The Agenda 2000 is Fast Company's third annual report on the people, teams, and companies that are creating the future of business. Last year, we featured the following role models:
D. Michael Abrashoff, former commander of the USS Benfold, who uses a leadership model that is as progressive as any in business.
Tivoli Systems Inc., a fast-growing software company whose acquisition by IBM did not keep it from being a force for change.
The Mayo Clinic, where teams of doctors, nurses, and technicians bring new-economy practices to "old-fashioned" medicine.
The Freeplay Group, which creates products that use simple technology — while furthering an advanced approach to social justice.
Here's an update on these four Agenda setters.
D. Michael Abrashoff: Leading a Wave of Change
What happens to a turnaround organization after its turnaround artist leaves to chart a new course? If you ask Mike Abrashoff, 39, the answer is "more of the same." When he left command of the USS Benfold for a post at the Space and Naval Warfare Systems Command (SPAWAR), in January 1999, Abrashoff predicted, "Once you start Perestroika, you can't really stop it." And indeed, the $1 billion warship has maintained its status as one of the best ships in the Pacific Fleet. For the second year in a row, the Benfold has been nominated for the Spokane Trophy, which is given to the ship with the highest combat readiness. The Benfold also won the Battle Efficiency for Excellence award for its squadron, and it continues to have the best retention rate in the fleet.
Yet, for Abrashoff, a far more important measure of success is the legacy of leadership that he's left in his wake. Lieutenant John Wade, for example, found the experience of working with Abrashoff so inspiring that he applied for a post as commander of his own ship. Wade got his wish, and today, at 31, he is one of the youngest captains in the U.S. Navy. He runs the USS Firebolt in the Atlantic Fleet, a ship that was plagued by low morale and a bad performance record when he assumed command. Taking a page from Abrashoff's book, he spent his first days interviewing each member of his crew. "By starting there," says Wade, "I've been able to rid the command of several 'dissatisfiers.' "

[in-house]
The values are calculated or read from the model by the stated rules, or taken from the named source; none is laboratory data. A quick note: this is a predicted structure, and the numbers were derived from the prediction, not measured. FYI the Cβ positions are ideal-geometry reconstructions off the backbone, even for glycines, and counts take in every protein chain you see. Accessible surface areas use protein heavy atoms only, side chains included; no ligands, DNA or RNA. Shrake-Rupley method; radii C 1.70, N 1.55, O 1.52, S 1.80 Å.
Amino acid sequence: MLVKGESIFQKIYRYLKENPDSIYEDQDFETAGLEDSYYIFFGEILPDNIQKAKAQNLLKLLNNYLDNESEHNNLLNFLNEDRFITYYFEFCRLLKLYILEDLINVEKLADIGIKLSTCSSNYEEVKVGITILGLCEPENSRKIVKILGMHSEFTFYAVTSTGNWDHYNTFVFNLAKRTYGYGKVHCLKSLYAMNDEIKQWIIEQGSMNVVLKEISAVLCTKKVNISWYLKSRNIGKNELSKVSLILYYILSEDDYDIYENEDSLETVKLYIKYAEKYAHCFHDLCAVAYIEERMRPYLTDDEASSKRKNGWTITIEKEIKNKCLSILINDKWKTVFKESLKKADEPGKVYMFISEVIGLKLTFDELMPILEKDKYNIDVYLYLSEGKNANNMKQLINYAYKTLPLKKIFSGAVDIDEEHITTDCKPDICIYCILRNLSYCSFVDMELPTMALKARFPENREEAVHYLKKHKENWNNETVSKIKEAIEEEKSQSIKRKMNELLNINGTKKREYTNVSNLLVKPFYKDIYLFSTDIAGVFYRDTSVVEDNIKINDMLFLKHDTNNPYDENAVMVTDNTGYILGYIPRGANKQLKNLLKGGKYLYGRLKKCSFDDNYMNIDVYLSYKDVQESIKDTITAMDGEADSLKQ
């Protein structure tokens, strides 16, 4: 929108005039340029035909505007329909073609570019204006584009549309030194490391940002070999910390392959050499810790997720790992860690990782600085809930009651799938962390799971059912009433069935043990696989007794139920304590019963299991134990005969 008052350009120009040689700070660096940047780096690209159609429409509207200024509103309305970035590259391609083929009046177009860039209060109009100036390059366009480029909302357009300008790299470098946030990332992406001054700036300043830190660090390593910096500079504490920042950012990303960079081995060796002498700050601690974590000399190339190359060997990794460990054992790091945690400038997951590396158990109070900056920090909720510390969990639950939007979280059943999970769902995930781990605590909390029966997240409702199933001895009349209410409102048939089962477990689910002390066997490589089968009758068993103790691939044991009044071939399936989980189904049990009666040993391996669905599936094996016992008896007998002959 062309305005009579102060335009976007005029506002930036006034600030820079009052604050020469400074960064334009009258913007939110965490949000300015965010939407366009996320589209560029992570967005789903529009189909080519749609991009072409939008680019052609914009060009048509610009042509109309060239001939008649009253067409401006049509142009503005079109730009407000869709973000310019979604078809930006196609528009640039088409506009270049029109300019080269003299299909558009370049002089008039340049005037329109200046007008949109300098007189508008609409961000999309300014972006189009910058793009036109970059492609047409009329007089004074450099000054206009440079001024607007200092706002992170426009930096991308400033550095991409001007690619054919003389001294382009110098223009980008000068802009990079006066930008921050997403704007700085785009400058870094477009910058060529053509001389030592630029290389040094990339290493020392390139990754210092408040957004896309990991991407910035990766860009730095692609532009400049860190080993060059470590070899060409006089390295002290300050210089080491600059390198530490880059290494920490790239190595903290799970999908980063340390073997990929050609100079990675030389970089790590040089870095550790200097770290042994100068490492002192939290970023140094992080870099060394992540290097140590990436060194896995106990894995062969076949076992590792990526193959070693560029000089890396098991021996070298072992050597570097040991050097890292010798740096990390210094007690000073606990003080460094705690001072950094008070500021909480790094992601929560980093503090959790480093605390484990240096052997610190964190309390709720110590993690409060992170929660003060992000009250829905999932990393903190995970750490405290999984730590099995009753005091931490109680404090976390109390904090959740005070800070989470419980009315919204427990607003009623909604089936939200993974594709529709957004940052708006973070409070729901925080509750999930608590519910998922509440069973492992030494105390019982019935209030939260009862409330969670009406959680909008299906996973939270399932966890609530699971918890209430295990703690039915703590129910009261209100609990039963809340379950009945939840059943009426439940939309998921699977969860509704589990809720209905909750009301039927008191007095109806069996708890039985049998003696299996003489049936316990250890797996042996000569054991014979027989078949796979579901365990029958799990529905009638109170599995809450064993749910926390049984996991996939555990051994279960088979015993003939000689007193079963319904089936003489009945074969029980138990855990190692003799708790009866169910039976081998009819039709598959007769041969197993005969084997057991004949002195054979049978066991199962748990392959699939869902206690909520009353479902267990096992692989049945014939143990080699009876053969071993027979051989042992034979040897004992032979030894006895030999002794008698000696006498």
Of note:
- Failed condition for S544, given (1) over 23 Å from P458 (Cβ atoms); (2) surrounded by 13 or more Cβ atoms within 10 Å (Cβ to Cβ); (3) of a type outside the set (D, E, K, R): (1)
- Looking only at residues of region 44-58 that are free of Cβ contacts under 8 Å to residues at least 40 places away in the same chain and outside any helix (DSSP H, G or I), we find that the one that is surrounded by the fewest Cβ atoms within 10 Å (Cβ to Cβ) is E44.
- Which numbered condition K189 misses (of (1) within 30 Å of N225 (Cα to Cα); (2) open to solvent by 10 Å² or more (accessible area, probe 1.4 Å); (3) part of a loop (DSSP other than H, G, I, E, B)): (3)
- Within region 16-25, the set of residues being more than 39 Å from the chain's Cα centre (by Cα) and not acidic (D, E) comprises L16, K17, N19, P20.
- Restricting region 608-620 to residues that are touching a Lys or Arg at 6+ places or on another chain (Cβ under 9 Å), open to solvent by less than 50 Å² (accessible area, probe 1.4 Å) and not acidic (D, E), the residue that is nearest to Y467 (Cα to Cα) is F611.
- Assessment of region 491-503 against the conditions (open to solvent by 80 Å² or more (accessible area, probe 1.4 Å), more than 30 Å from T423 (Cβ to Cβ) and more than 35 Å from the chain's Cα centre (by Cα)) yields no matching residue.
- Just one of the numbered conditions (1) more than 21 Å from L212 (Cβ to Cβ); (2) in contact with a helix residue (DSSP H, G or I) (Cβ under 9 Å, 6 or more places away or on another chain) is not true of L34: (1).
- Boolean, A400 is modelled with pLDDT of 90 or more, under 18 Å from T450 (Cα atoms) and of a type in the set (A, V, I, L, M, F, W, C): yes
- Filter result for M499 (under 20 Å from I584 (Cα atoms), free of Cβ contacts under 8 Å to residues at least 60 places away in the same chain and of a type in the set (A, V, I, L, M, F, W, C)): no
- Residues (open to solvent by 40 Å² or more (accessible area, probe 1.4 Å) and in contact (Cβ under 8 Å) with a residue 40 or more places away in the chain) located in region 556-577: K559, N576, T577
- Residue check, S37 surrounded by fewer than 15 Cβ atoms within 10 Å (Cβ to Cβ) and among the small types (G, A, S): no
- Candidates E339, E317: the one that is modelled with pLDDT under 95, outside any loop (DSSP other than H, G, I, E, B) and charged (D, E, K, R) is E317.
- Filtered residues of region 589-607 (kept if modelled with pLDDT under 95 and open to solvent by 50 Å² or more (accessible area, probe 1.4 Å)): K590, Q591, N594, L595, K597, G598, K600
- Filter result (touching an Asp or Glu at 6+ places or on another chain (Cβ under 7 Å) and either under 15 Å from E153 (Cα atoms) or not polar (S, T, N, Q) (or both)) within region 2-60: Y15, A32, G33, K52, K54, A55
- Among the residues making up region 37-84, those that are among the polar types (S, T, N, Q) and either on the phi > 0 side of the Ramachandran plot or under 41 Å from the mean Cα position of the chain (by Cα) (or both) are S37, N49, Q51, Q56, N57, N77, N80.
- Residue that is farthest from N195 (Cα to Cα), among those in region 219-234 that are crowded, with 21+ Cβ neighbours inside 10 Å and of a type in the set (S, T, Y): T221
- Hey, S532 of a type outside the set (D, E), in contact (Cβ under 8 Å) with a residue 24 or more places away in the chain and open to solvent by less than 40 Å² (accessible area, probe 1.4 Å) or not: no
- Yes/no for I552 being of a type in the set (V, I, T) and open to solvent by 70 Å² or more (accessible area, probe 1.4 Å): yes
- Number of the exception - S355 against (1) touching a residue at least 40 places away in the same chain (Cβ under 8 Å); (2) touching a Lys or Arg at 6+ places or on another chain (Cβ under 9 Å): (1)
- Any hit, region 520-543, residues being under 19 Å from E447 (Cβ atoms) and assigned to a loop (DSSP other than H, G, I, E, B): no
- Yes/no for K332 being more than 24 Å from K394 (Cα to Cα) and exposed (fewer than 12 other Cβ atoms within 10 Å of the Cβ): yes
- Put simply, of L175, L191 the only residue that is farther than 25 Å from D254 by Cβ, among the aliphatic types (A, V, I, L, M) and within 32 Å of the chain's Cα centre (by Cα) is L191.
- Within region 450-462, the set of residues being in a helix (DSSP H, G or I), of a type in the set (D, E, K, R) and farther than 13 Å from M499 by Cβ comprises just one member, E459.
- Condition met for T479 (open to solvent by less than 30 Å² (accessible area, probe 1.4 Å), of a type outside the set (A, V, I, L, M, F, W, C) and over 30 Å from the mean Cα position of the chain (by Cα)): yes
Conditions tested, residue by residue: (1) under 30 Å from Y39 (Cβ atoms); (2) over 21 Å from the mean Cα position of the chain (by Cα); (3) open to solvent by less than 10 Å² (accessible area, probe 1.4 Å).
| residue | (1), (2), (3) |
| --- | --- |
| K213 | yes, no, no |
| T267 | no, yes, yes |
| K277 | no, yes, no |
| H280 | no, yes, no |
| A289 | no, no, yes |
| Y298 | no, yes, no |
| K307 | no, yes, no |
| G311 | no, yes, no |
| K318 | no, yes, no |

Abrashoff has seen his practices replicated throughout the Navy. The Benfold's compressed training cycles are the basis for the Navy's revised training strategy; Abrashoff's humane adjustments to in-port duty rotation have become standard throughout the service; and his leadership lessons are now required reading in (among other places) the Navy's admiral-indoctrination program.
As for Abrashoff, even on "desk duty," he hasn't lost his zeal for change — he's simply expanded his field of play. He is working on a book about grassroots leadership, and he also speaks frequently to audiences at organizations such as Ericsson, GMAC Corp., and the Los Angeles Unified School District. "I use my own experience to show that the impossible can be done," he says. "I let people know that there's no excuse not to change."
— Polly LaBarre
Tivoli Systems Inc.: Showing Its True Color
Despite a management shake-up last year, Tivoli Systems Inc. retains its purple hue, blending the red of its original logo with the blue of its parent company, IBM. Bolstered by explosive growth in revenues, in head count, and in market share, Tivoli has managed the rare feat of preserving its startup identity even as it becomes integrated into a larger company.
Back in 1996, Big Blue acquired the Austin, Texas-based outfit in hopes of injecting a devotion to speed into a mammoth and often bureaucratic organization. Tivoli excelled in an area that IBM wanted to make its own: software that manages large, dispersed networks, databases, and applications across multiple platforms. Rather than remake Tivoli in its own image, IBM put the Tivoli team in charge of the entire company's systems-management division and granted the group an unusual degree of independence.
The results have been nothing short of dynamic. In 1999, Tivoli remained the fastest-growing division within the IBM software group, with revenues that increased from $1.5 billion to $1.8 billion. The company also added more than 1,000 new people, bringing the worldwide total to about 5,000; made several key acquisitions; and aggressively tackled new markets, including e-business and telecommunications-systems management. "We've been busy," says Lynn Wilczak, 42, vice president of engineering central services.